Just about anyone who knows me can tell you: I worry. A lot. I even have a wrinkle to prove it—a stubborn crease etched between my brows that my sisters and I call the "Irene Line," so named after our mother, who had the same fretful furrow. My hair stylist once gently suggested I get that puppy Botoxed, which only gave me something new to worry about.
"Doesn't your brain get exhausted?" my husband sometimes asks. Yes, I admit. And while everyone knows chronic worry can lead to a host of health problems—headaches, insomnia and stomach issues, to name just a few—wha'ís less clear is how to stop. I've heard all kinds of advice, from deep breathing (may help some, but not me) to meditation (my mind always wanders) to my husband's snappy "Lighten up!" (um, thanks, Honey). For us hard-core angsters, banishing worry isn't all that easy.
For help, I turn to a classic. How to Stop Worrying and Start Living, by Dale Carnegie, has been a best-seller for decades, supposedly helping millions kick worry to the curb. Perhaps its vintage advice can cure me.
"Don't stew about the future," Chapter 1 says. "Just live each day until bedtime." The idea is to lock out the past, shut out the future. That job interview you bombed last week? Forget about it. How will you afford college for your kids? Stop obsessing. Just pay attention to today.
The book even has a quaint phrase for this kind of stay-in-the-moment thinking, a line borrowed from a famous speech. "Living in day-tight compartments," it's called. The phrase reminds me of those watertight spaces once built into ocean liners to keep them afloat, and I briefly picture Kate and Leo fighting the rising waves in Titanic. But we're not talking doomed ships here. Stick to the day-tight compartments, Mr. Carnegie says, and you'll keep from drowning in worry.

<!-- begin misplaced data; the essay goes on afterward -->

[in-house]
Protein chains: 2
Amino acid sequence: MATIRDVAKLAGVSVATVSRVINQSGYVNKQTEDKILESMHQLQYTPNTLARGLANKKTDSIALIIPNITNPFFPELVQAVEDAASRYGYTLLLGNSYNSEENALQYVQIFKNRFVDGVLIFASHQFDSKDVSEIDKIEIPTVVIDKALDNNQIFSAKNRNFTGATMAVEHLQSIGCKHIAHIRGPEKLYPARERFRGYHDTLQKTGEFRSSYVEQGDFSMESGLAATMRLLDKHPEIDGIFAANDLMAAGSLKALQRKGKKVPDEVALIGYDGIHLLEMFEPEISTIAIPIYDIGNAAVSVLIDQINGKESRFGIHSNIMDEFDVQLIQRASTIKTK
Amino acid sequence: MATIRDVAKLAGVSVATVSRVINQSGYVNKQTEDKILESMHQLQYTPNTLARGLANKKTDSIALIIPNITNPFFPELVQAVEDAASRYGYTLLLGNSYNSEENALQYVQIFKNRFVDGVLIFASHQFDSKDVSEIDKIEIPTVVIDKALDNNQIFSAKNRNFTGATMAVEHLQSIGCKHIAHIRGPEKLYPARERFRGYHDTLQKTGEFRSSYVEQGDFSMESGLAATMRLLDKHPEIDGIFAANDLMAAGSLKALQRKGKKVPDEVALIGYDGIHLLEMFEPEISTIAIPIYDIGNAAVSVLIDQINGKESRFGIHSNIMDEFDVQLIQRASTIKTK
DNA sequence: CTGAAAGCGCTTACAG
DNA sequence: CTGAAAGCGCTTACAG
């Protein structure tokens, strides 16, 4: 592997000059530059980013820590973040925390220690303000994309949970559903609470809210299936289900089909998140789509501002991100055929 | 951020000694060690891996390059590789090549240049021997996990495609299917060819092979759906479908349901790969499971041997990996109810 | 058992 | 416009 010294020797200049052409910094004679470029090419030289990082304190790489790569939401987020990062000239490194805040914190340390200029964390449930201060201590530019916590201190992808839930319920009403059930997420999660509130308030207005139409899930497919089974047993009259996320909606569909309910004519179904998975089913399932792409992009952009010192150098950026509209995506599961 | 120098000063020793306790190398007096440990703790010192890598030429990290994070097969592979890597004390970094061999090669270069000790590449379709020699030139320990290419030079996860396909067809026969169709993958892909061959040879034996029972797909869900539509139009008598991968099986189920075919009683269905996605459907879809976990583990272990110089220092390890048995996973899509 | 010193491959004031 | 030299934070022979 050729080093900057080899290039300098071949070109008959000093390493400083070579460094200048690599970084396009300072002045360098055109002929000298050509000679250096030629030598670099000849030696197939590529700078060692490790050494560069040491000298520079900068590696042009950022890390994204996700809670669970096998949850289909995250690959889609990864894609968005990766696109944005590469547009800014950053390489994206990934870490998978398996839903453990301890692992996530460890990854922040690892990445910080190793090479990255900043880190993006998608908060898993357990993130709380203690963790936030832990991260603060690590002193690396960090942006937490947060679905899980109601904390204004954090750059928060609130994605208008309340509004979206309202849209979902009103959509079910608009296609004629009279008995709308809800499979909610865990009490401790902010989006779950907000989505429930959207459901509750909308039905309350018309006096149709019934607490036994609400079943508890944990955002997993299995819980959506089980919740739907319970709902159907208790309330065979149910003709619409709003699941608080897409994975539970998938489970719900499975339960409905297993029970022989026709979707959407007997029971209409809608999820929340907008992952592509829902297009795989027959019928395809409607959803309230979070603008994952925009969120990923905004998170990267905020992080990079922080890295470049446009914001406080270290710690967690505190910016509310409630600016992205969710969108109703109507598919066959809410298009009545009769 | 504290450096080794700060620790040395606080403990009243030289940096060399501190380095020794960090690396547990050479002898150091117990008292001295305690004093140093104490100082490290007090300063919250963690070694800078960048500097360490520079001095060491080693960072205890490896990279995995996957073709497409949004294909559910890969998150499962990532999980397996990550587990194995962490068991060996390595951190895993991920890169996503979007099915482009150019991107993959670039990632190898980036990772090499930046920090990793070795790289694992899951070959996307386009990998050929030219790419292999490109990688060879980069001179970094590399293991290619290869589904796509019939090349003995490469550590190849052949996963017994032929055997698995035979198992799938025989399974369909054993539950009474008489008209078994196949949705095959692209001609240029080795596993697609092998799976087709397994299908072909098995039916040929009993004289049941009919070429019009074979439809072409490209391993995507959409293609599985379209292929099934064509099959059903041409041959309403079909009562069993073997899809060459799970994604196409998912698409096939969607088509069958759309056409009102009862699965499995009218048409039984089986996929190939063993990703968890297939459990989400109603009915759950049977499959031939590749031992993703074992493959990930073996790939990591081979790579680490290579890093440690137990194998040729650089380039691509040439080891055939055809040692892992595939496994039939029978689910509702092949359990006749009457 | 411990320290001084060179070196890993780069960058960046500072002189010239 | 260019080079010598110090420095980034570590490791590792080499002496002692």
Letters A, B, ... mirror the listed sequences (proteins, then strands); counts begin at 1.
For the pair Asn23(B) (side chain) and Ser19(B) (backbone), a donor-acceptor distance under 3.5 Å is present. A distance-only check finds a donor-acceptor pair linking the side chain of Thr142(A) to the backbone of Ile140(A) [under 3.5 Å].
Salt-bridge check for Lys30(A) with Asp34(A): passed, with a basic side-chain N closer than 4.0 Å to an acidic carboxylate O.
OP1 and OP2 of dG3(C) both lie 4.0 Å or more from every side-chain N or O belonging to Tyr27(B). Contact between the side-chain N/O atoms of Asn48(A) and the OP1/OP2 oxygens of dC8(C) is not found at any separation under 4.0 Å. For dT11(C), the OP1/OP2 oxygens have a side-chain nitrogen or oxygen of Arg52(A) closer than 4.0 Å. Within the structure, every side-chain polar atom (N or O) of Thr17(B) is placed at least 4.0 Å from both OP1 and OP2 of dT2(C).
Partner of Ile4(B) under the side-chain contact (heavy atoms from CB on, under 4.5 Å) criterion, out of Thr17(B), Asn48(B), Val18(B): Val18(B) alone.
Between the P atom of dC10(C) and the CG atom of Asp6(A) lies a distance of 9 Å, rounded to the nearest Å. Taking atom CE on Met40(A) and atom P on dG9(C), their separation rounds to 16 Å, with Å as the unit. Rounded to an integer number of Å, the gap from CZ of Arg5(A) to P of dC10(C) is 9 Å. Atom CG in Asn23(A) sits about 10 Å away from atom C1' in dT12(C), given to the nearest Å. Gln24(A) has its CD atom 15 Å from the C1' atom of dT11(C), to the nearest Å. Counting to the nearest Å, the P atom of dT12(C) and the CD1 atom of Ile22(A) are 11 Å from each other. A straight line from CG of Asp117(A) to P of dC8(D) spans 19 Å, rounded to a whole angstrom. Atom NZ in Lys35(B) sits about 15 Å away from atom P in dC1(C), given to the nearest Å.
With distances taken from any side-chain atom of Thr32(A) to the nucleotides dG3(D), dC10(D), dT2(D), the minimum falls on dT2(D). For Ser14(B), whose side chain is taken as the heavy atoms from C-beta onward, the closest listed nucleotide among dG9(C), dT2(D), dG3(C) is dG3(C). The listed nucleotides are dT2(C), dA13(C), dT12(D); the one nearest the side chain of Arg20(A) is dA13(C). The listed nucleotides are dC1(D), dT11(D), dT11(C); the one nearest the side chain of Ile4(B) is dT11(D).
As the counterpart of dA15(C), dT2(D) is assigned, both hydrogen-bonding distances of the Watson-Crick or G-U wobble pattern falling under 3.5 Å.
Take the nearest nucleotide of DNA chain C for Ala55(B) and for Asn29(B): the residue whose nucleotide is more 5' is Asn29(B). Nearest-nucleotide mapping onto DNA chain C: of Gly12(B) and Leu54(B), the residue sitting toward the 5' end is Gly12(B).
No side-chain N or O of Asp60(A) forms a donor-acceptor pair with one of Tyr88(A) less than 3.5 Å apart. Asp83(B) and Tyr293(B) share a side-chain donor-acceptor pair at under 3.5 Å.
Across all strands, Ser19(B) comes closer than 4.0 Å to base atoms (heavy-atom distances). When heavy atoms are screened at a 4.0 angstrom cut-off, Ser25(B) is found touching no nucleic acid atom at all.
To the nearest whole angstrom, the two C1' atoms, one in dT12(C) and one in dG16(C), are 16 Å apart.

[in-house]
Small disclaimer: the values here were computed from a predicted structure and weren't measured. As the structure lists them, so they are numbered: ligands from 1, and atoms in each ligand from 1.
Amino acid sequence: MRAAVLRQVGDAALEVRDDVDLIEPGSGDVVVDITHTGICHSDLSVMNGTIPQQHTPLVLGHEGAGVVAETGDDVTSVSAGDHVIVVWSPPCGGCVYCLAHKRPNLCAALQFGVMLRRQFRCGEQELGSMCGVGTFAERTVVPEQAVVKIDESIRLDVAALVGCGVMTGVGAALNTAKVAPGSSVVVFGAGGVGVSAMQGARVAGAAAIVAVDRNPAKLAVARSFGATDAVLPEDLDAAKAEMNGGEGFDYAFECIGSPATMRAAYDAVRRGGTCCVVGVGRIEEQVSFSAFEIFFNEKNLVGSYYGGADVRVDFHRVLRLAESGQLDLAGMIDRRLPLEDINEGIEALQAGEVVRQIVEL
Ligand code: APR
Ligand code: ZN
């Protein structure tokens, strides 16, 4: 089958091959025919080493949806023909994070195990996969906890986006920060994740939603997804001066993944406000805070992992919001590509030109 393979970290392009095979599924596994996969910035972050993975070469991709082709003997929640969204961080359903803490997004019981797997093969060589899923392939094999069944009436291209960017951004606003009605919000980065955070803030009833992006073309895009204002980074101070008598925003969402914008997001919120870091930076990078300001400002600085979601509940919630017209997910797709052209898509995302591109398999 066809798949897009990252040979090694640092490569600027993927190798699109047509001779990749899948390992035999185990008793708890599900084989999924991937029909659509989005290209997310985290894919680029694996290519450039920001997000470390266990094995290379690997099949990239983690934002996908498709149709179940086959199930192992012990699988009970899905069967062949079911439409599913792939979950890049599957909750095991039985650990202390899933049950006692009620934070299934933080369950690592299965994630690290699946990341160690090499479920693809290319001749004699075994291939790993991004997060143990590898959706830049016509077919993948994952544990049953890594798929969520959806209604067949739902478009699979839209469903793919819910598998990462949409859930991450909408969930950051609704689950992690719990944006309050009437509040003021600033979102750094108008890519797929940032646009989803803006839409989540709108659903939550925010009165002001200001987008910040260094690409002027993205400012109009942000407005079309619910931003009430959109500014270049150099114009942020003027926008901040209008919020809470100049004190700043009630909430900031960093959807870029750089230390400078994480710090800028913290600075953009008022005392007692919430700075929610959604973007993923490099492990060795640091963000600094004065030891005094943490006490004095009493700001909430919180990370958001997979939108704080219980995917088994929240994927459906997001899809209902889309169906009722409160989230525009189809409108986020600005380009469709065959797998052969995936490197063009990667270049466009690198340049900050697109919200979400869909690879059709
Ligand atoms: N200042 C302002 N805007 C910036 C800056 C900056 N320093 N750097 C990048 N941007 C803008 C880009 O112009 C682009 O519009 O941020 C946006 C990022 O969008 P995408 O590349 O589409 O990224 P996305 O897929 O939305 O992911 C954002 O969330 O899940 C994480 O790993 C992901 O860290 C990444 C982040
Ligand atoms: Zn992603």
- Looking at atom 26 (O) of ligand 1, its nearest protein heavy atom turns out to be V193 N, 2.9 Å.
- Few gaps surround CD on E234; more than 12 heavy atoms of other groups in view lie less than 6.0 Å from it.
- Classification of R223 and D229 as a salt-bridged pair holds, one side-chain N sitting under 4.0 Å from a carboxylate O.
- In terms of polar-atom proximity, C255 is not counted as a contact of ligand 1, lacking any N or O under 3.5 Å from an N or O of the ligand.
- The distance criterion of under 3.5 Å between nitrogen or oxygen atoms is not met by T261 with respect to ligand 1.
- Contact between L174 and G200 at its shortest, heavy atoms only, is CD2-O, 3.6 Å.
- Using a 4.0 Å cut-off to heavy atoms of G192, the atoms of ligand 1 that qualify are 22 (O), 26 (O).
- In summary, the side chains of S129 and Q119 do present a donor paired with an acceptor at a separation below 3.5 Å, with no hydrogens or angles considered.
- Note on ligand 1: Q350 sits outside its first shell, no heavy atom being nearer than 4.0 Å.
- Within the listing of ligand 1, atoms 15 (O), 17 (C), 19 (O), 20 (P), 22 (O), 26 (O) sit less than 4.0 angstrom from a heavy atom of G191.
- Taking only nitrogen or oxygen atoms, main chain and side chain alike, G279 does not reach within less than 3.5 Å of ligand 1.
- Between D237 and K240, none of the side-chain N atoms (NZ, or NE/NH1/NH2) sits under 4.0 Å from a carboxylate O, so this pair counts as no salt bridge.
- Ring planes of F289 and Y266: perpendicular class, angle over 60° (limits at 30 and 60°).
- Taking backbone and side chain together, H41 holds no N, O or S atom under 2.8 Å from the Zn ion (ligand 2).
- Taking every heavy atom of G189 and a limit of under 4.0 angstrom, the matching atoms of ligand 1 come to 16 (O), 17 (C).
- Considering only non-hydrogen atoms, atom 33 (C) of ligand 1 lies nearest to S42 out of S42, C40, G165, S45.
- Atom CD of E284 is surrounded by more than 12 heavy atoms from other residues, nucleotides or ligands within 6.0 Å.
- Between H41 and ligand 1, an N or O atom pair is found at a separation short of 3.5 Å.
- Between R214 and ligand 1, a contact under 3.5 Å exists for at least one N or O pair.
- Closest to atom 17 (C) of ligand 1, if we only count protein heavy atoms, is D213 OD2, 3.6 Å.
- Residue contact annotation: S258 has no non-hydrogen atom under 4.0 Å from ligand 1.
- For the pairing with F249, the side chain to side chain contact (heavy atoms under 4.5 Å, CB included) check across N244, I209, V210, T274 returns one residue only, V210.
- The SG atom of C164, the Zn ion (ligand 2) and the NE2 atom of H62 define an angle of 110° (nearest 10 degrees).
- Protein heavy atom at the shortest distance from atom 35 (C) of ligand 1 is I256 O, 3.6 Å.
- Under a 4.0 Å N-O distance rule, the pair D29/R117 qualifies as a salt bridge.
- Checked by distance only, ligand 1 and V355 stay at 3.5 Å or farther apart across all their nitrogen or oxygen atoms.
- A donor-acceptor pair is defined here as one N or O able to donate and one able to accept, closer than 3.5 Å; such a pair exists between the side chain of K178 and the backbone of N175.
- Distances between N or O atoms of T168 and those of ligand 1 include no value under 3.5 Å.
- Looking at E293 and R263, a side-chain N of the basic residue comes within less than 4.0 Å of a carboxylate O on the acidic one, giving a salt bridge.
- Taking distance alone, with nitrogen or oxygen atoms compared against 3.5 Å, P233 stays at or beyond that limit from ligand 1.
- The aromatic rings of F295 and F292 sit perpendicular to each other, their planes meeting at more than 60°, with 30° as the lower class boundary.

Days later, I'm shocked to see the same phrase on Facebook. "Trying to live in day-tight compartments," my friend's status update reads. Coincidence? Maybe. I get the same message in yoga class. "Don't try to hold onto the past or reach too far for the future. Stay in the present," our instructor says as we wobble in a warrior pose. It's the day-tight compartments again, only on sticky mats. I hear yet another version on late-night TV, as actress Susan Sarandon shows Late Night host David Letterman the inky verse tattooed like a bracelet around her wrist. "A-N-D, A-N-D," she reads. "A New Dawn, A New Day." Is someone trying to tell me something?
Still, I resist. Mindfulness, staying in the moment, living in day-tight compartments—call it what you will, but frankly, the idea makes my eyes roll. Focusing on the present may sound good in theory, but to me it's one of those psycho-talky concepts that's way easier said than done.
Except for one thing. It works. I start to envision past/now/future as the channels on a TV screen (the ultimate in reality television, I guess). When I stop frantically surfing backward and forward and allow my inner remote to sit on now, I begin noticing things I often take for granted. My cat purring by my laptop. The smell of banana bread baking in the oven. Jason Mraz on the radio singing "I'm Yours," a song that makes me smile even in rush-hour traffic. I listen to my elderly friend's meandering stories, hear the years and wisdom in her voice. I become focused. And something else: I feel happy. Worries fade; gratitude slips in.
It's been two months, and I still have a ways to go. Sometimes I catch myself drifting back into my worry world. But then I remind myself to stop, and pay attention. Breaking the worry habit takes effort, I've learned. But that's work for another day.